“Oh, deep-fried please,” the customer answered with audible excitement. “Three dollars, right?” She handed over three wooden discs--farmer’s market scrip--and dropped a fourth disc into the tip jar. It plunked down insubstantially.
First transaction completed, Peter looked over his shoulder and said, “One dessert.”
“One dessert,” Evangeline echoed.
Evangeline dropped the gyoza into the tiny, propane deep-fryer. Beside Evangeline Nick, upon whom the job of stuffing and intricately folding the dumplings fell, continued his painstaking work.
Nick seemed to be right in his element. Many local artists and craftspeople had stalls at the market during the summer so it was, in a way, like an open-air version of Nick’s former studio space, the Vitamilk Building. The Spinnin’ Wimmin were there, across the corridor, selling yarn and demonstrating the lost art of spinning clumps of colored wool into thread. Luna sat at the wheel working the treadle like a hot, hipster Cinderella, attracting an odd crowd of onlookers comprised equally of curious grandmothers and young male gawkers.
Next to the Spinnin’ Wimmin’, Roger Hager sold ceramics. Roger was an original hippie from Berkeley who had migrated slowly north as California had succumbed to commercialism and sprawl. Nick adored Roger’s style of glazing so much that he’d commissioned an entire twelve-piece dining set from the man. Peter ate off them every day and liked them, but would have been hard-pressed to explain what Nick found so special about them.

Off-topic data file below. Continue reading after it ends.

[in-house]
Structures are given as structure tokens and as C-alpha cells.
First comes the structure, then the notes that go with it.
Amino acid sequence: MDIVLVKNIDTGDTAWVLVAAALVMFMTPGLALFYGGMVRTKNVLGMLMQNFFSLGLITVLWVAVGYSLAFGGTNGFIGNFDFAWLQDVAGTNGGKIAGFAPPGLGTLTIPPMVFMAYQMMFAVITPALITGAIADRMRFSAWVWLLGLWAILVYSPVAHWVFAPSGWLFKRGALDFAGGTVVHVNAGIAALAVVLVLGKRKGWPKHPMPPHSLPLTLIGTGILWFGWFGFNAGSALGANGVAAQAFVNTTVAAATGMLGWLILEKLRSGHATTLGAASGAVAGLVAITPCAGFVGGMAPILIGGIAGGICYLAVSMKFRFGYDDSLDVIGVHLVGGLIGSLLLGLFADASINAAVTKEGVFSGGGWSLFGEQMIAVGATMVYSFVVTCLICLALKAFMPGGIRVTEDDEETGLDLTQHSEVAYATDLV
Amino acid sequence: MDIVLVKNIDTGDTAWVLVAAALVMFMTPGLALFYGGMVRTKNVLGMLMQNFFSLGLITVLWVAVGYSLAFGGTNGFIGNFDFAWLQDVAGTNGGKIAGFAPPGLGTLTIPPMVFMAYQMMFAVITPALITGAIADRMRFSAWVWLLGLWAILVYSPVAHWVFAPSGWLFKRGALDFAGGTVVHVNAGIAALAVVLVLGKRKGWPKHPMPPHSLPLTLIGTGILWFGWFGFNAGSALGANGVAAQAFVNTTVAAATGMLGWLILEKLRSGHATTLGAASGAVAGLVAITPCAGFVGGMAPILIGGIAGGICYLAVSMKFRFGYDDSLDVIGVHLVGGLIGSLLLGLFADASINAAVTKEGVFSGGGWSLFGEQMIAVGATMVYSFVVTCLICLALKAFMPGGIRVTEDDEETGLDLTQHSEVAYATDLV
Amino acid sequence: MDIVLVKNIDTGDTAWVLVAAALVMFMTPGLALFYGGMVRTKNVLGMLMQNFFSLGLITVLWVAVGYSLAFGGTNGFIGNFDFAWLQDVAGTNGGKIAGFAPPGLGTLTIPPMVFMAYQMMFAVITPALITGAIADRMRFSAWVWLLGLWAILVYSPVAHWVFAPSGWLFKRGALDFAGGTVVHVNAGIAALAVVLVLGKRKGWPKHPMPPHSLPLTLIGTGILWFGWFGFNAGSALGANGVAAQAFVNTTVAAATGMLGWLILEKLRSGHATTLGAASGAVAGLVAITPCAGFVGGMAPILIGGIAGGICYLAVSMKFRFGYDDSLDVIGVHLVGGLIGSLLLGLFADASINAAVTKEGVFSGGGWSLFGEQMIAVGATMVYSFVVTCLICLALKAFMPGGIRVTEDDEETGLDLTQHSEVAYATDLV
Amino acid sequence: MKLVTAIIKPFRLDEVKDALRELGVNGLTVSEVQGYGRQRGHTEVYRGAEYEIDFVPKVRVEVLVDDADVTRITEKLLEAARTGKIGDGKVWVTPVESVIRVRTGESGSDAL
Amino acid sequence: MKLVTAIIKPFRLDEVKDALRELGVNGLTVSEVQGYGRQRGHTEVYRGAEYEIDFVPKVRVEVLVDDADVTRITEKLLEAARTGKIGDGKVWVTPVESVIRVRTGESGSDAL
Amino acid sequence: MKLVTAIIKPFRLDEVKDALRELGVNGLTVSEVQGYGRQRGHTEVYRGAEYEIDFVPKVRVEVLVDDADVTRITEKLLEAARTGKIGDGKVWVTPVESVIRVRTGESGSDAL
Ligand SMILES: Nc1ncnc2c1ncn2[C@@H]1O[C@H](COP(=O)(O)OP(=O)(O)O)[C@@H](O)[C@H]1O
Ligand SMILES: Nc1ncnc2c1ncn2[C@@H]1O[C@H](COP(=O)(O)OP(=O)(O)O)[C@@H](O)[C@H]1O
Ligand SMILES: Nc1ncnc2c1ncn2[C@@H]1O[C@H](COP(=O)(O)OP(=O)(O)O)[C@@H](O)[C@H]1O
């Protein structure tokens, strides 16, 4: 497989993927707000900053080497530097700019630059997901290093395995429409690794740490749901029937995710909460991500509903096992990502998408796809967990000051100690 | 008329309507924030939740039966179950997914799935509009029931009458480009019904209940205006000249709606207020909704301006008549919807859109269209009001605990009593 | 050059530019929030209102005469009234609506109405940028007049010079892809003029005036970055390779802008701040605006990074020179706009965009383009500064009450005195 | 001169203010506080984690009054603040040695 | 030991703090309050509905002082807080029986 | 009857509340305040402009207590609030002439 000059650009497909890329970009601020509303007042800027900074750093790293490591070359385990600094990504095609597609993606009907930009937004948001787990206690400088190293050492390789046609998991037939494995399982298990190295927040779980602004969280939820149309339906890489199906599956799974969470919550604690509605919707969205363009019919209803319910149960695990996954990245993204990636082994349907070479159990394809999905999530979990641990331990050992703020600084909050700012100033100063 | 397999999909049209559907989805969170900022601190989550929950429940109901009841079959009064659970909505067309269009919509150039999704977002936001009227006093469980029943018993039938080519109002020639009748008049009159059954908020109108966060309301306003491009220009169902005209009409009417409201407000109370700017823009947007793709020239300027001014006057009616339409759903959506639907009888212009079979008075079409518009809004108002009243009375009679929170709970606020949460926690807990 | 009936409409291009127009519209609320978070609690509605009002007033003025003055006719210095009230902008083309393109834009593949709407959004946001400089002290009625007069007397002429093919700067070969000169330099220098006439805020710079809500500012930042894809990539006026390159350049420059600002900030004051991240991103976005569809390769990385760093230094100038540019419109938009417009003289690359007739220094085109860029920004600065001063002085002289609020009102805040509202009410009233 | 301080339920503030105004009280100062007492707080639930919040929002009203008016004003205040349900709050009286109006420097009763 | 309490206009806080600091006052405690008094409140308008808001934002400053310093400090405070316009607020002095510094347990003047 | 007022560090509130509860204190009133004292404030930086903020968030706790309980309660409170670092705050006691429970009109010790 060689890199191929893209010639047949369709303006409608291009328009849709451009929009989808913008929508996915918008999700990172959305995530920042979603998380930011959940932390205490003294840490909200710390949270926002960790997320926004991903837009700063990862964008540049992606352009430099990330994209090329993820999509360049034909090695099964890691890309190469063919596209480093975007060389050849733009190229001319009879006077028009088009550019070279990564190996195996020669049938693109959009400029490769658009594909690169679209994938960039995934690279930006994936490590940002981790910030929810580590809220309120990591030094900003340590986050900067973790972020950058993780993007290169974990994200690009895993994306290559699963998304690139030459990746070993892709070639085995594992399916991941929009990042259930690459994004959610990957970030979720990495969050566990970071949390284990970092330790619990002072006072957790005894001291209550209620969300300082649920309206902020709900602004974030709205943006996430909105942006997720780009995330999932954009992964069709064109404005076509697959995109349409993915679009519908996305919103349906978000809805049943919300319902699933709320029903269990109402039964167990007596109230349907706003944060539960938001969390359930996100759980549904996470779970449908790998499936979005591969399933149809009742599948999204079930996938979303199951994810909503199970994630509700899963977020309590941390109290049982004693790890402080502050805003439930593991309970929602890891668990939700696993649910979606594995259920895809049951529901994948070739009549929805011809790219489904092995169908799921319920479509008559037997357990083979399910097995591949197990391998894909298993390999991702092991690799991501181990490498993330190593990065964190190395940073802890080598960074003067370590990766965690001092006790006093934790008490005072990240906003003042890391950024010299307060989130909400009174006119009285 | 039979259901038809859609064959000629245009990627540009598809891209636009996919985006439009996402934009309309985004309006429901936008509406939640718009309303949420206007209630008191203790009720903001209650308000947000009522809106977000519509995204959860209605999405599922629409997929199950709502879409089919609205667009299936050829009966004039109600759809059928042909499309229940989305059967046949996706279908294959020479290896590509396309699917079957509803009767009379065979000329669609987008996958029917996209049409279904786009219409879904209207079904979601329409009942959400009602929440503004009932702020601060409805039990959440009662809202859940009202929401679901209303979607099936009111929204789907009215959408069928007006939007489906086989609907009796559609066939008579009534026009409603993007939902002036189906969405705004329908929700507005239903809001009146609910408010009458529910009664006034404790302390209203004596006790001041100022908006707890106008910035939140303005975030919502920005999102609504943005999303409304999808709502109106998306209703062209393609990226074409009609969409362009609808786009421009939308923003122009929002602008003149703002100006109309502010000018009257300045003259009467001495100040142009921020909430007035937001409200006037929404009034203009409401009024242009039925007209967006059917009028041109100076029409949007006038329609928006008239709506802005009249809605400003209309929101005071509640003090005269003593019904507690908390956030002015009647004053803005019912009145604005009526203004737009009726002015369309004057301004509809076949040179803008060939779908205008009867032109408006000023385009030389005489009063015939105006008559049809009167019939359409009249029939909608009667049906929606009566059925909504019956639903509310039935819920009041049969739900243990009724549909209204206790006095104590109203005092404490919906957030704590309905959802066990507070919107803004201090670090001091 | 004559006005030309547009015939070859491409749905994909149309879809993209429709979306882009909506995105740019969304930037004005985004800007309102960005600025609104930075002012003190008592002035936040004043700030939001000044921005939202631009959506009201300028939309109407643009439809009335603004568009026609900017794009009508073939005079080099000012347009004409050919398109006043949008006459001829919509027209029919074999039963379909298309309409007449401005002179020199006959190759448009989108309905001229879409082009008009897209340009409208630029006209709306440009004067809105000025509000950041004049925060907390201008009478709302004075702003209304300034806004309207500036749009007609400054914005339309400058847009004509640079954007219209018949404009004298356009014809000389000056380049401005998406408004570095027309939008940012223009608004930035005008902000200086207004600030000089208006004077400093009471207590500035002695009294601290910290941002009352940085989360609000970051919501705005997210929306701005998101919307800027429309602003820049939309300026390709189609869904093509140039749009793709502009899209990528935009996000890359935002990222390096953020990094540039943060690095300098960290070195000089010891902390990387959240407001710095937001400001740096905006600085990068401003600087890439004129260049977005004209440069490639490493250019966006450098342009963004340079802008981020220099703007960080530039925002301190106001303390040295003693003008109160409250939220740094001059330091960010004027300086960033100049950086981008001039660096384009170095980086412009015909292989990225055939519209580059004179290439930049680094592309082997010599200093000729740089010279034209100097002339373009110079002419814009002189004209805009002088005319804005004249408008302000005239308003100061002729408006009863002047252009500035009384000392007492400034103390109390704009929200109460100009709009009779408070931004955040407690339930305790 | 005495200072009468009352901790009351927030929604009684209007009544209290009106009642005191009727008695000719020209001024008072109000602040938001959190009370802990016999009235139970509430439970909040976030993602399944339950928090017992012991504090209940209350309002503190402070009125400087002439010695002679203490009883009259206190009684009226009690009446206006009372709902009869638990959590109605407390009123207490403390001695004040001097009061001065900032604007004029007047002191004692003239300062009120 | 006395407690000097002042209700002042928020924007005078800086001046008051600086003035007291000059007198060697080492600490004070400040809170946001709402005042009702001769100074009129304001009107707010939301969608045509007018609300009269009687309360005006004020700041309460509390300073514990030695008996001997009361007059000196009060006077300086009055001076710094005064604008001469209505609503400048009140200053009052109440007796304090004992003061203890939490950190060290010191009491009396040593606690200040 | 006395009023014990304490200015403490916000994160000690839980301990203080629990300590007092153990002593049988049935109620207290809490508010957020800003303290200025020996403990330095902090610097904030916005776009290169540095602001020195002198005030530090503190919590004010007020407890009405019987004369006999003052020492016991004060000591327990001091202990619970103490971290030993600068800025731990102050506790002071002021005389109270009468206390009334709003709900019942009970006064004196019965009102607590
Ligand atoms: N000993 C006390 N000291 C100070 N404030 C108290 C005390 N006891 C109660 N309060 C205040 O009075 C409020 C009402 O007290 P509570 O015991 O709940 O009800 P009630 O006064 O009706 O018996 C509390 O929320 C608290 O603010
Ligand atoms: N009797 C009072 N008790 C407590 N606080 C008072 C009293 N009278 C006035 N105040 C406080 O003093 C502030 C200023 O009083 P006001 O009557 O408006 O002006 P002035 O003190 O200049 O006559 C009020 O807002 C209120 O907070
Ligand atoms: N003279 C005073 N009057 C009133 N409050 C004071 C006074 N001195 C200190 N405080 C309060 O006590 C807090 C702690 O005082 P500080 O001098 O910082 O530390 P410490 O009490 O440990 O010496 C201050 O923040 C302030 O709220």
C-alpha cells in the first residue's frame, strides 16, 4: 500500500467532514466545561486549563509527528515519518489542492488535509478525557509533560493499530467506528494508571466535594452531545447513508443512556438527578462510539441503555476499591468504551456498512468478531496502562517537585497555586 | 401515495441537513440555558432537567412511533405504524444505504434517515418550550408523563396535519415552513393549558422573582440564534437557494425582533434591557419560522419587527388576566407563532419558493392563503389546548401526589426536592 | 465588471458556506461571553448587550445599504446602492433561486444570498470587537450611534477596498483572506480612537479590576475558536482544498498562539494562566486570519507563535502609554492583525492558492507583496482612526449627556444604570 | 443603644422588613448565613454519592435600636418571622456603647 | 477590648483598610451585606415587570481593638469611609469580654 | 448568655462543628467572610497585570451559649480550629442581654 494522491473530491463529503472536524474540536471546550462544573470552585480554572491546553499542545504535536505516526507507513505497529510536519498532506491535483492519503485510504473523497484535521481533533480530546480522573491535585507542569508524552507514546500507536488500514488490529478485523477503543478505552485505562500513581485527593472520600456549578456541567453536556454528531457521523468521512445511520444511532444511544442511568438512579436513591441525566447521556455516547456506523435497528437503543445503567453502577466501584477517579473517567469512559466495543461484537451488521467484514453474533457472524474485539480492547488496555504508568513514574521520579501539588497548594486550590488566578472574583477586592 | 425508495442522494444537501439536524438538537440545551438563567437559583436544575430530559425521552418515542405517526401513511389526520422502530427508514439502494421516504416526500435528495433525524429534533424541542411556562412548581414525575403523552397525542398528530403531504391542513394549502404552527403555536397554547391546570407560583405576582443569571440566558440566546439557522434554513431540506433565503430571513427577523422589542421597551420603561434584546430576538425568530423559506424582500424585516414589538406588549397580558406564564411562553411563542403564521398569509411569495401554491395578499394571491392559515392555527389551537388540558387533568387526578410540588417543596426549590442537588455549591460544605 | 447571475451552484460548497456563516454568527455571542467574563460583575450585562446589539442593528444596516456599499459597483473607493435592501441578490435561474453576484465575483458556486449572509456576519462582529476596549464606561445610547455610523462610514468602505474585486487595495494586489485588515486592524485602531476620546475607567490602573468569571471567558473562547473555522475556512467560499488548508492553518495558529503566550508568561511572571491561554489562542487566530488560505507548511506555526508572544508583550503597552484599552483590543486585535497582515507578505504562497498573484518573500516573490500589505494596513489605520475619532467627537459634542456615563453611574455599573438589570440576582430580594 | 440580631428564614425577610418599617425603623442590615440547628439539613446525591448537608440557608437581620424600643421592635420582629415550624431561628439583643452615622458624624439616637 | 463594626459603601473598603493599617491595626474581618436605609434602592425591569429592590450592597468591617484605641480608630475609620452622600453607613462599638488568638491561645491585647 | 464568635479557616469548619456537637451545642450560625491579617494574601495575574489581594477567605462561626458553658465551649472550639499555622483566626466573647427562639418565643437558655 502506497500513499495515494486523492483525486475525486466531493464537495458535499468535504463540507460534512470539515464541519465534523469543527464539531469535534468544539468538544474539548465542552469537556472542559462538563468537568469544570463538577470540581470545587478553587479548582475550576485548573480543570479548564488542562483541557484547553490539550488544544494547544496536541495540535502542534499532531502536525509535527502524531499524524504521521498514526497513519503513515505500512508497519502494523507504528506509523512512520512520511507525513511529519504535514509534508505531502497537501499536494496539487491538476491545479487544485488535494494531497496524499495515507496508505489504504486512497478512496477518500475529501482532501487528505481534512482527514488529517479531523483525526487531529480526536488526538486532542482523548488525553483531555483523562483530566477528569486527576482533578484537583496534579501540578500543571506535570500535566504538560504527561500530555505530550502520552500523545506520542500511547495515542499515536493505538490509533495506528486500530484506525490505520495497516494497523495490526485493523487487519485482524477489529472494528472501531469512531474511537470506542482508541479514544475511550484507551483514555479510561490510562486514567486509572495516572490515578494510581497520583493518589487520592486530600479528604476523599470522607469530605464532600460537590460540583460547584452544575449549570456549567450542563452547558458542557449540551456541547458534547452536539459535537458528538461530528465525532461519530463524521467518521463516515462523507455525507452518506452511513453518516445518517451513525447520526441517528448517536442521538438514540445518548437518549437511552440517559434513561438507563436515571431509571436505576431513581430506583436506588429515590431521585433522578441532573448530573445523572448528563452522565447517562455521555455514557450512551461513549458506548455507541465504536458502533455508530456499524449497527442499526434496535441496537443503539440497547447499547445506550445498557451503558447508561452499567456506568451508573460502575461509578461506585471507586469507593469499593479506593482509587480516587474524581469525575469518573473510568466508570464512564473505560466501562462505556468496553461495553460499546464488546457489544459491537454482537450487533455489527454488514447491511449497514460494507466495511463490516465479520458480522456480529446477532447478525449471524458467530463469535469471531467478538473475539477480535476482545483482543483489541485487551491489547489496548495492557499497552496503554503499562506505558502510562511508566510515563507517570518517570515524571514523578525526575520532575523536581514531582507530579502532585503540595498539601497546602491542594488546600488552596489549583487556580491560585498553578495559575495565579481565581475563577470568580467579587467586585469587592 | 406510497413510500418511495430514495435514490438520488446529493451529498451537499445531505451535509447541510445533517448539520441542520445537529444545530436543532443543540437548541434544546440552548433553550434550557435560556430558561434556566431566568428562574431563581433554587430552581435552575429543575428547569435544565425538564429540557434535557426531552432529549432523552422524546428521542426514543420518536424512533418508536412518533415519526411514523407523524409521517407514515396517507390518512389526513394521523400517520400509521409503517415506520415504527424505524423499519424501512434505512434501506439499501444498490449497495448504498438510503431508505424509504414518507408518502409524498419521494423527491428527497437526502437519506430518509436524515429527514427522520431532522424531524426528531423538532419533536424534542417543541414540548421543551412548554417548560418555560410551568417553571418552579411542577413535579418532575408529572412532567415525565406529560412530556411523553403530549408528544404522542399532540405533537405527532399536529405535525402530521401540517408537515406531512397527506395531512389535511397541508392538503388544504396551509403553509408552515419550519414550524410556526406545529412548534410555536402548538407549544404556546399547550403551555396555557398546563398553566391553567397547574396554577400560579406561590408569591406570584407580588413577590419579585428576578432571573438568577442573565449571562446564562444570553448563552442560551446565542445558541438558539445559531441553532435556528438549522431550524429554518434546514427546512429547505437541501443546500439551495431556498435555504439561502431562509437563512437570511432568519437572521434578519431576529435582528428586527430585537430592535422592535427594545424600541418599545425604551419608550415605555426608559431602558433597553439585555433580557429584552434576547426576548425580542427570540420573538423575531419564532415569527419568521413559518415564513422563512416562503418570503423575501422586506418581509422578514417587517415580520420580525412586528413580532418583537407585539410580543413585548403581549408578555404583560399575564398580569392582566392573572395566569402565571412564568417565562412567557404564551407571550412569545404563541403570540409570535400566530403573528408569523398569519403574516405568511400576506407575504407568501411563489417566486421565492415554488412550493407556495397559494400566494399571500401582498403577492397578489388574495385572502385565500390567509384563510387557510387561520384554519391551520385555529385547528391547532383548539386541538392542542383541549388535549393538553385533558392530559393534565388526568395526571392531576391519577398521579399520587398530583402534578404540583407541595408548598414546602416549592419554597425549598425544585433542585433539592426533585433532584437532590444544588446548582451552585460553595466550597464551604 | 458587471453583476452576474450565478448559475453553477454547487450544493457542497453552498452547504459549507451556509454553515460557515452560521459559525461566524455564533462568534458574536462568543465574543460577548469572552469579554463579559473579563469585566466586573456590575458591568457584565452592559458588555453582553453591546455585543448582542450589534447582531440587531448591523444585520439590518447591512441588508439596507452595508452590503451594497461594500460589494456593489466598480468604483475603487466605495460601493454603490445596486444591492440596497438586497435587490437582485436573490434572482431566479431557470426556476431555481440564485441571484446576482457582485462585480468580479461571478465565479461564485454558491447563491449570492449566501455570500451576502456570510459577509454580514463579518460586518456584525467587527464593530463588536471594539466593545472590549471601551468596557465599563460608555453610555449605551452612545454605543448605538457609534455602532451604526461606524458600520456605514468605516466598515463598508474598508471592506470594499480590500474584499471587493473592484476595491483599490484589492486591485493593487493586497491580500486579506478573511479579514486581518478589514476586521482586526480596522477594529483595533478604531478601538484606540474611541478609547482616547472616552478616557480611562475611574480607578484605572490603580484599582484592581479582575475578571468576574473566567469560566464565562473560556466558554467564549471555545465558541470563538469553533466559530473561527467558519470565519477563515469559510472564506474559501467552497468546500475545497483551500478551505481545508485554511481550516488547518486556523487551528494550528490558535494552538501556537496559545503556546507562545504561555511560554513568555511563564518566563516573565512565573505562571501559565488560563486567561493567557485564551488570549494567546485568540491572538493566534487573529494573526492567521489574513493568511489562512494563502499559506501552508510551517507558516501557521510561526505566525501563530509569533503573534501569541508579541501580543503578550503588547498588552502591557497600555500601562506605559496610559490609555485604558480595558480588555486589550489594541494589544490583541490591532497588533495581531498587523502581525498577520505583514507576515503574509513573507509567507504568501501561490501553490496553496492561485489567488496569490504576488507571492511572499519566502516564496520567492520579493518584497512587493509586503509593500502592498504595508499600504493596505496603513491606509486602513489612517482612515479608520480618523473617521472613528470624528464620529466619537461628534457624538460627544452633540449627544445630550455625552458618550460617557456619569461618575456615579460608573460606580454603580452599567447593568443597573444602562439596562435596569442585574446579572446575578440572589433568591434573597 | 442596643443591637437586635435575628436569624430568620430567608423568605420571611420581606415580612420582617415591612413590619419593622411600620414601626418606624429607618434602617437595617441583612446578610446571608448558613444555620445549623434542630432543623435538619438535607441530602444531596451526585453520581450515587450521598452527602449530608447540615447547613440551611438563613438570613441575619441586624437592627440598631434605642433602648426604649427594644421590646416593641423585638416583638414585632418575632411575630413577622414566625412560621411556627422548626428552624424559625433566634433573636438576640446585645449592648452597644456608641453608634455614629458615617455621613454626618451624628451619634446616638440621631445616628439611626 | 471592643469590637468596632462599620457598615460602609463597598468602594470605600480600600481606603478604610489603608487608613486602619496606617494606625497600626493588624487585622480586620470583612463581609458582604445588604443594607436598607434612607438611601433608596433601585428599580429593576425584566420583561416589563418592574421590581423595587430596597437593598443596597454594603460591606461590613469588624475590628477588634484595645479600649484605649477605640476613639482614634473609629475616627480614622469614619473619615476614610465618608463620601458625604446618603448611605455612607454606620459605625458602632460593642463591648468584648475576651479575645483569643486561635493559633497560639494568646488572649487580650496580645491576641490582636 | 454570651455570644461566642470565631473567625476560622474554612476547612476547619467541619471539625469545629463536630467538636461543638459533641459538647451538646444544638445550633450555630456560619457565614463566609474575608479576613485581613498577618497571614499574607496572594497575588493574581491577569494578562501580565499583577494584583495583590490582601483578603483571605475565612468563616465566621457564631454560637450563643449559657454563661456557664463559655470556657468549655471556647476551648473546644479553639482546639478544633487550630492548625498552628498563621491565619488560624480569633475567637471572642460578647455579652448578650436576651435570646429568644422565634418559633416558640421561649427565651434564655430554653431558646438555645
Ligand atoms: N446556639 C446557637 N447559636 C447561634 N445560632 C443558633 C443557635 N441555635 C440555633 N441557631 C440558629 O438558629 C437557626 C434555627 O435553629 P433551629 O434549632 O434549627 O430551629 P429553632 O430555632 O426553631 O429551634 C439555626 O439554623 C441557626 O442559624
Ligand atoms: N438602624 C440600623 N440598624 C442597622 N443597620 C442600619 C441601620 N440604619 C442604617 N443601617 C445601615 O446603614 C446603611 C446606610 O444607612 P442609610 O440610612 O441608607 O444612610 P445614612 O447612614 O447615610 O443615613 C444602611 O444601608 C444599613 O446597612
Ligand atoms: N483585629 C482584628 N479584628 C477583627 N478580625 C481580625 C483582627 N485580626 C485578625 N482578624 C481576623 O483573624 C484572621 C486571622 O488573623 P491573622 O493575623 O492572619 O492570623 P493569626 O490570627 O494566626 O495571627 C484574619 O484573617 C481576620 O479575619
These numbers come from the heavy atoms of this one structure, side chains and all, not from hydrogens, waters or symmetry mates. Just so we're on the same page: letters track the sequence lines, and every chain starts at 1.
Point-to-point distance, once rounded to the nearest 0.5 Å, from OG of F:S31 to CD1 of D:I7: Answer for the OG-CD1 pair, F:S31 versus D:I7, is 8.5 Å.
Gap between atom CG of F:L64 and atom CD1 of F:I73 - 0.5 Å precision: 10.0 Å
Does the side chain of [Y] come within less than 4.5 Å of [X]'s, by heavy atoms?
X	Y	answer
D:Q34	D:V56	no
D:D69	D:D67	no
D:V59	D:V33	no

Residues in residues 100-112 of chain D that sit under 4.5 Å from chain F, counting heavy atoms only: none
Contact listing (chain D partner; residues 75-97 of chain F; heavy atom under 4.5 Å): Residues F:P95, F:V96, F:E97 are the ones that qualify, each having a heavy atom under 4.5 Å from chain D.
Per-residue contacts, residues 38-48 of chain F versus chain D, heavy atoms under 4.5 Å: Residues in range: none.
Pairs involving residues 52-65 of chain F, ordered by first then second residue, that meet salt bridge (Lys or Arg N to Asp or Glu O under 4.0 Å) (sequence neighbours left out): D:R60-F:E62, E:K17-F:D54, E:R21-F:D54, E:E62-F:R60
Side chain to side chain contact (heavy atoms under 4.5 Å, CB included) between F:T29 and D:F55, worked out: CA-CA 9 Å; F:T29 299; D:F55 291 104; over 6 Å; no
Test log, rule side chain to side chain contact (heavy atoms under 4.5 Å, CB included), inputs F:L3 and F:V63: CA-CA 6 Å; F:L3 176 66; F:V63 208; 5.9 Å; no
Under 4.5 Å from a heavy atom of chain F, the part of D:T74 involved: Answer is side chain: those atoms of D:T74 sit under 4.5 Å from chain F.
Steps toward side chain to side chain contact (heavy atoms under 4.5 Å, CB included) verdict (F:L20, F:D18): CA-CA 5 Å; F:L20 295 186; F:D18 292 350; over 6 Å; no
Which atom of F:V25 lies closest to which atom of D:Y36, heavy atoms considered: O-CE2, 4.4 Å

According to Evangeline, Roger spent a great deal of his time away from his stall, not wanting to tacitly pressure his customers by actually being present while they browsed. Roger had ambled over early and spent most of the morning hanging around in front of their table, chatting with Nick and nursing a mug of tea the size of a beer stein.
Beyond Roger’s stall a skinny, pinched woman simply called Beekeeper Jackie sold local honey, honeycomb, and blocks of beeswax.
A couple of minutes later, Evangeline handed up a paper boat of crispy confections drizzled with caramel and doused with powdered sugar, which Peter passed along to the customer with a cheerful, “Happy Earth Day.”
“Happy Earth Day to you too.”
Peter’s first customer left, completely unscathed by any sort of sassing.
He turned back to Evangeline beaming with triumph.
Evangeline said, “I told you the candy sells. Didn’t I say that Nick?”
Without looking up, Nick nodded. His pale blue eyes remained fixed on the circle of dough that he so expertly manipulated into a beautiful bite-sized purse of deliciousness. How Nick could craft such tiny origami-like structures with such big hands mystified Peter. His own efforts, made with skinnier fingers, had yielded nothing but ugly wads of sticky dough unfit for human consumption.
Peter turned away, vexed. And, as was his habit when faced with boredom or vexation or any combination of the two, returned to the calming production of internal prose.
* * * *